This shortest day of the year is the Winter Solstice, which is on Wednesday, December 21, at 4:48 P.M. EST, in the Northern Hemisphere. Some think of this as the Longest Night, but I’m a person of the light, not the darkness. I always prefer to look to the light, no matter how dim or feeble it may seem.
Yet darkness is a necessary experience in our lives. We do not yet live in the land of the “unclouded sky” or the heavenly realm:
“And the city has no need of sun or moon to shine on it, for the glory of God is its light, and its lamp is the Lamb.” —Revelation 21:23
In the darkness, growth often happens: germination and rooting are two types of unseen activity that help produce the plant we see above ground. Without adequate light, the visible plant won’t thrive. So both darkness and light are at work to produce fruit in our lives.
“We know that all things work together for good for those who love God, who are called according to his purpose.” —Romans 8:28
The Winter Solstice in Hot Springs is at 3:48 pm CST on Wednesday, December 21, 2022. In terms of daylight, this day is 4 hours, 37 minutes shorter than the June solstice. In most locations north of the equator, the shortest day of the year is around this date. The good news about the Winter Solstice is the days will begin to lengthen, although imperceptibly at first: one minute, four minutes, seven minutes, ten minutes, thirteen minutes, sixteen minutes, and so on.
In Scandinavia, the Norse celebrated Yule from December 21, the winter solstice, through January. In recognition of the sun’s return, fathers and sons would bring home large logs, which they would set on fire. The people would feast until the log burned out, which could take as many as 12 days. Today we recognize the source of the “Twelve Days of Christmas” song in this festival. The Norse believed that each spark from the fire represented a new pig or calf that would be born during the coming year. Prosperity for all in the New Year!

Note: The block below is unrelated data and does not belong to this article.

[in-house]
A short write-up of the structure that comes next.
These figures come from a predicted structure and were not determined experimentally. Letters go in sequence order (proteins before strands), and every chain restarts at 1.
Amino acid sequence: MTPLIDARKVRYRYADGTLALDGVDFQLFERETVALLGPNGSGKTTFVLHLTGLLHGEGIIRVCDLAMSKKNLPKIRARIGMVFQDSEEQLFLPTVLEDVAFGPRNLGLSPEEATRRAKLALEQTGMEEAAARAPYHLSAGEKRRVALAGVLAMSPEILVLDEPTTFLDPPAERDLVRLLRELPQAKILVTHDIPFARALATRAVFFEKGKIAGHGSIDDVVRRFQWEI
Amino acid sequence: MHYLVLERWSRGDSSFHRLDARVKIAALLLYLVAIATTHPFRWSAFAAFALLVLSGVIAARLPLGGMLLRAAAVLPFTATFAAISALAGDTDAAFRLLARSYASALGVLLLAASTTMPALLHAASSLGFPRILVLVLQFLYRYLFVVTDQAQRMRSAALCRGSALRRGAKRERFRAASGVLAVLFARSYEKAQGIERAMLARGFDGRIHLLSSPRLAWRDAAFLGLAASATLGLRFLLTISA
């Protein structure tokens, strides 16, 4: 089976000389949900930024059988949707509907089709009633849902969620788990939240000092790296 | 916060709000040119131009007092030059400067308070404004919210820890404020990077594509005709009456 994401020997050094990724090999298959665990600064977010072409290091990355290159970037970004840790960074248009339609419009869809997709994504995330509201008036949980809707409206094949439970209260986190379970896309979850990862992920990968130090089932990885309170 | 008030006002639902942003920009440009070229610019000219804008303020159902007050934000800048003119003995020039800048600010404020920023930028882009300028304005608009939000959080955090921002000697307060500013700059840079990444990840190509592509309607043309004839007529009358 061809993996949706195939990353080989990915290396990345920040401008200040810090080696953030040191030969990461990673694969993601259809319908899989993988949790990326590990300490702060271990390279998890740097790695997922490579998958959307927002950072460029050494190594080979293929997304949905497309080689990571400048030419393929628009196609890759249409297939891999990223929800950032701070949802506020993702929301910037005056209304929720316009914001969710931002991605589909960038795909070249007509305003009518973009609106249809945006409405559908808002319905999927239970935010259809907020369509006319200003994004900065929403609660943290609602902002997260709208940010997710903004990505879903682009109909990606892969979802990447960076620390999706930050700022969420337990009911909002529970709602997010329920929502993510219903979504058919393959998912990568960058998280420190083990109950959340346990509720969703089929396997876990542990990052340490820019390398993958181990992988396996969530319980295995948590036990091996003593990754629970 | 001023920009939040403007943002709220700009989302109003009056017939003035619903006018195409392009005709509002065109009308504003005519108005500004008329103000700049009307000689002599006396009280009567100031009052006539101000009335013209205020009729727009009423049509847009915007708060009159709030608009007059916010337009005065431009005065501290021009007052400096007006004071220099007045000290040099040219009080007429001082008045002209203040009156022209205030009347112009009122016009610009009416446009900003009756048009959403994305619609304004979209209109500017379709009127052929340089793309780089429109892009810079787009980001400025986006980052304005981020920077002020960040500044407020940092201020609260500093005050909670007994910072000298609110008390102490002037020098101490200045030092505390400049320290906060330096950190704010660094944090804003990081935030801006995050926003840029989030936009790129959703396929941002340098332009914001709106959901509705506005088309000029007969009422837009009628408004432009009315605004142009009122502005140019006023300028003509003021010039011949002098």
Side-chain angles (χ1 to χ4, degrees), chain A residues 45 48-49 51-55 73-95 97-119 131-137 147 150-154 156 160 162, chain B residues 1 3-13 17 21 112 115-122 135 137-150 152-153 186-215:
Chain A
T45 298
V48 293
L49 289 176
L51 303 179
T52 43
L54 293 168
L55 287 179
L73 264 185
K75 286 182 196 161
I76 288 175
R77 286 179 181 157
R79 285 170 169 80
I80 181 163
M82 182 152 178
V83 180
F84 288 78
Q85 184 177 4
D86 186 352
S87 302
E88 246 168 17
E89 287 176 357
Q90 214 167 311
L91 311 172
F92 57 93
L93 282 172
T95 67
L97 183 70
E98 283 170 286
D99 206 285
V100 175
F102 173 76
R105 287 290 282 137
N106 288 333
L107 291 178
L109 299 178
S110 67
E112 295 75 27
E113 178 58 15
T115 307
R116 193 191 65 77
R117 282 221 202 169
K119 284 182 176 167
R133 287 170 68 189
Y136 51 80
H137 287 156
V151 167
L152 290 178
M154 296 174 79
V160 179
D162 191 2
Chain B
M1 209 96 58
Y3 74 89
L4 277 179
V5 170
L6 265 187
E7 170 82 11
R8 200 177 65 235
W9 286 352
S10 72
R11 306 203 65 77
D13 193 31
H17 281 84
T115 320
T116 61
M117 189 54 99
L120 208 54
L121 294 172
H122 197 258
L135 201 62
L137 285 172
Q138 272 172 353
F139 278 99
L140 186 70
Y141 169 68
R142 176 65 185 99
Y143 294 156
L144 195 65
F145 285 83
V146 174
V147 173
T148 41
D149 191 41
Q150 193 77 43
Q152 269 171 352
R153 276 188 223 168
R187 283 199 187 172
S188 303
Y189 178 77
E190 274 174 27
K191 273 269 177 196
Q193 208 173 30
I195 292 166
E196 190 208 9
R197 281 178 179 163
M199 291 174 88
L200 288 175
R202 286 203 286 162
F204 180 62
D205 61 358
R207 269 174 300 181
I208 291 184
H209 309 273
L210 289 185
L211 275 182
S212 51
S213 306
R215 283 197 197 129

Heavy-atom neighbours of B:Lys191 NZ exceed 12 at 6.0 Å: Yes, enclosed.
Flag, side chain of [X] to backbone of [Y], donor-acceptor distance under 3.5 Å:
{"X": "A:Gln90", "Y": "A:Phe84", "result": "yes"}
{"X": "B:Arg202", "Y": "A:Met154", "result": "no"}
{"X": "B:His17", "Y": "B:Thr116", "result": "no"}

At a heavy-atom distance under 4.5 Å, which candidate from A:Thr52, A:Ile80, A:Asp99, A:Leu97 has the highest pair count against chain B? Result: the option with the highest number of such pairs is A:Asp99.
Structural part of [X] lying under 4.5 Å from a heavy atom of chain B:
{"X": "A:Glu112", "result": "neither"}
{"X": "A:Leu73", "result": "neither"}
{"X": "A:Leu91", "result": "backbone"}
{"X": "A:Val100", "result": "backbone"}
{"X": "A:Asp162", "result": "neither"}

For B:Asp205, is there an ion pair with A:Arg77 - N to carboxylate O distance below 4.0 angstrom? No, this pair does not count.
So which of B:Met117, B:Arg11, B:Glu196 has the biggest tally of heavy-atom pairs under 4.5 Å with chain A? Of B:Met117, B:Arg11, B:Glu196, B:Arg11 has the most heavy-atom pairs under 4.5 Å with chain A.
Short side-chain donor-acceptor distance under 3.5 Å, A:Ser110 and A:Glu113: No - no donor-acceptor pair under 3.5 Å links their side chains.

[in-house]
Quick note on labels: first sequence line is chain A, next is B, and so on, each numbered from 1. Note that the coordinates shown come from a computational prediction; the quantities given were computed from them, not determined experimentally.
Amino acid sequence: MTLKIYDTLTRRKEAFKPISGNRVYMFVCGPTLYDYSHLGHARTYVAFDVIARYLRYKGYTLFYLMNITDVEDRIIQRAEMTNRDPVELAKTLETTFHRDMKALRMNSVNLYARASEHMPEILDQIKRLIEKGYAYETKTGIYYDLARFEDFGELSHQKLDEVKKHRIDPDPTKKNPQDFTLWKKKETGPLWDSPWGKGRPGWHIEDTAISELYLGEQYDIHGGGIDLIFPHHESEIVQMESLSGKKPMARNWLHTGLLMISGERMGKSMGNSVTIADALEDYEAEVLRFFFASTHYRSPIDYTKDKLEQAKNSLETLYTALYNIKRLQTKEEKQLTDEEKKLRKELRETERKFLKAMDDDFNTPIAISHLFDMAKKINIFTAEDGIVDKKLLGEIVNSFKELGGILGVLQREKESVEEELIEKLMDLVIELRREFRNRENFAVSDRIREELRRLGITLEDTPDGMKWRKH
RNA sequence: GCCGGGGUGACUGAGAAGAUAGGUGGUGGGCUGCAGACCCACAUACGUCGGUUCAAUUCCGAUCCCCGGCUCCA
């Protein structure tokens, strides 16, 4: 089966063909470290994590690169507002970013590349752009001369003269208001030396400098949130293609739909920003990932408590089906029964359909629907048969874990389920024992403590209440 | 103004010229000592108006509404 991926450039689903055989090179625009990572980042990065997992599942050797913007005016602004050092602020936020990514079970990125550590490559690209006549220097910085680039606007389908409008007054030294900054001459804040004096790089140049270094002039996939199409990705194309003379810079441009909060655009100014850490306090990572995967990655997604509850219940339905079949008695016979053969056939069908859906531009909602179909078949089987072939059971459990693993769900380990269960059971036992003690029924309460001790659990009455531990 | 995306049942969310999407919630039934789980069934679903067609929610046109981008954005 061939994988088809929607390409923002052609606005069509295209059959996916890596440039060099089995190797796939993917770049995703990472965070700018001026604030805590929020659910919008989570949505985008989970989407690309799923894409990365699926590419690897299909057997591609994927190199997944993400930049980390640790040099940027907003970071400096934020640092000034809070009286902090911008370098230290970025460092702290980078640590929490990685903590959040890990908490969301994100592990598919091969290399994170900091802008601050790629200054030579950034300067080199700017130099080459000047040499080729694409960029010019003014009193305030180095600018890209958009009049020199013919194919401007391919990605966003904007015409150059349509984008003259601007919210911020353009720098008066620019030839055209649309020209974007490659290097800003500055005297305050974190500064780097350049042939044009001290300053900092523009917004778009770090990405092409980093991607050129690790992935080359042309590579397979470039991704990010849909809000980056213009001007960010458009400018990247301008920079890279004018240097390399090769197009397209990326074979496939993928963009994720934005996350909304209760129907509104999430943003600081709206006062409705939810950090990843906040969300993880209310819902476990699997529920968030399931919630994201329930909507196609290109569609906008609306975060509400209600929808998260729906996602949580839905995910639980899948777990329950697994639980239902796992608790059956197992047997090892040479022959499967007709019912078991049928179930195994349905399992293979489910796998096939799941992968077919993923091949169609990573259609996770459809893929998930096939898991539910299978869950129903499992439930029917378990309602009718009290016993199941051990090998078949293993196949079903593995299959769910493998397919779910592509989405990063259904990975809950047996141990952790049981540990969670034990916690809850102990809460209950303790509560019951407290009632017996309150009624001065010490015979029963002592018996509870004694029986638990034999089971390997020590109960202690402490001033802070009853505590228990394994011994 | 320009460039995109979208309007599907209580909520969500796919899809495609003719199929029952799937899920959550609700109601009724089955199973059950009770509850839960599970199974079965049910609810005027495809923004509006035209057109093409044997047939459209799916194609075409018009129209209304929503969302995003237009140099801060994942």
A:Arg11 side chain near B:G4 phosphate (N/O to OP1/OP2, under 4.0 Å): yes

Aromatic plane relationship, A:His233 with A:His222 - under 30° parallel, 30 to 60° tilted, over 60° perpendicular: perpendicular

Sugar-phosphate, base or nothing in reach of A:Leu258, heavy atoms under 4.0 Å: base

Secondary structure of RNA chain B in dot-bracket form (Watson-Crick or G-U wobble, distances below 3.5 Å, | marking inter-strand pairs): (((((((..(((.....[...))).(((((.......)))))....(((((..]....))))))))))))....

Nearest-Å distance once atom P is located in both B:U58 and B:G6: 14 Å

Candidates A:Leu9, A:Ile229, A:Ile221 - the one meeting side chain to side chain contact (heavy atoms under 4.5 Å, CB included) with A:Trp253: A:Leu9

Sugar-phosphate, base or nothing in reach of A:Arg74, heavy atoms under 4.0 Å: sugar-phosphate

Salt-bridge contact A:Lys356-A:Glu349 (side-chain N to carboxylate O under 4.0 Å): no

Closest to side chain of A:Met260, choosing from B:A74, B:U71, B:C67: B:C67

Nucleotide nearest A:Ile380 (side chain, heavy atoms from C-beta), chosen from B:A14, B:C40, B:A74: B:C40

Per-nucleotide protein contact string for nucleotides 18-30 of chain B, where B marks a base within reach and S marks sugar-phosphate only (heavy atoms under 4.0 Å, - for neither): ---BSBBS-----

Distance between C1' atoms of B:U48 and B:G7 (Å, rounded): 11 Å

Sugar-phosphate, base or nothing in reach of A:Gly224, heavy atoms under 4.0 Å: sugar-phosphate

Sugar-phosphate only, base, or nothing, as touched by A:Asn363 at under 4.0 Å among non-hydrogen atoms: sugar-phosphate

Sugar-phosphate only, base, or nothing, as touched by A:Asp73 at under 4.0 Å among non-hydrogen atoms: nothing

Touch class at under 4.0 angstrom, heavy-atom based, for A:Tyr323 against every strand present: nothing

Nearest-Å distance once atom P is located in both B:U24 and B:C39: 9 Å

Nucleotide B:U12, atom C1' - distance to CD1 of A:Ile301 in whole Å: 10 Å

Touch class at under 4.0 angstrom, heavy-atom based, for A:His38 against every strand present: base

In this time of stress and strain, grief and gripes, let’s look to the in-breaking light, and the renewal of life and love. Here’s a “Winter Solstice Chant” by Annie Finch, for your pleasure:
Vines, leaves, roots of darkness, growing, now you are uncurled and cover our eyes with the edge of winter sky leaning over us in icy stars Vines, leaves, roots of darkness, growing, come with your seasons, your fullness, your end.
Of course, if you can’t get your travel plans together at the last minute to visit Stonehenge, England for the winter solstice celebration, you can always make Rice Krispies Bars in the shape of the ancient monument. The recipe link is at the bottom of the page. Hint: don’t turn the heat up high or your treats will be hard. Due to high carbohydrate count, one “pillar” of Stonehenge Krispies is actually two servings.
Joy and peace and a Good Yule log,
Annie Finch, “Winter Solstice Chant” from Calendars, published by Tupelo Press. Copyright © 2003 by Annie Finch. Reprinted by permission of the author.
Sunrise and sunset times in Hot Springs https://www.timeanddate.com/sun/@4115412
The Original Rice Krispies Treats™ Recipe https://www.ricekrispies.com/en_US/recipes/the-original-treats-recipe.html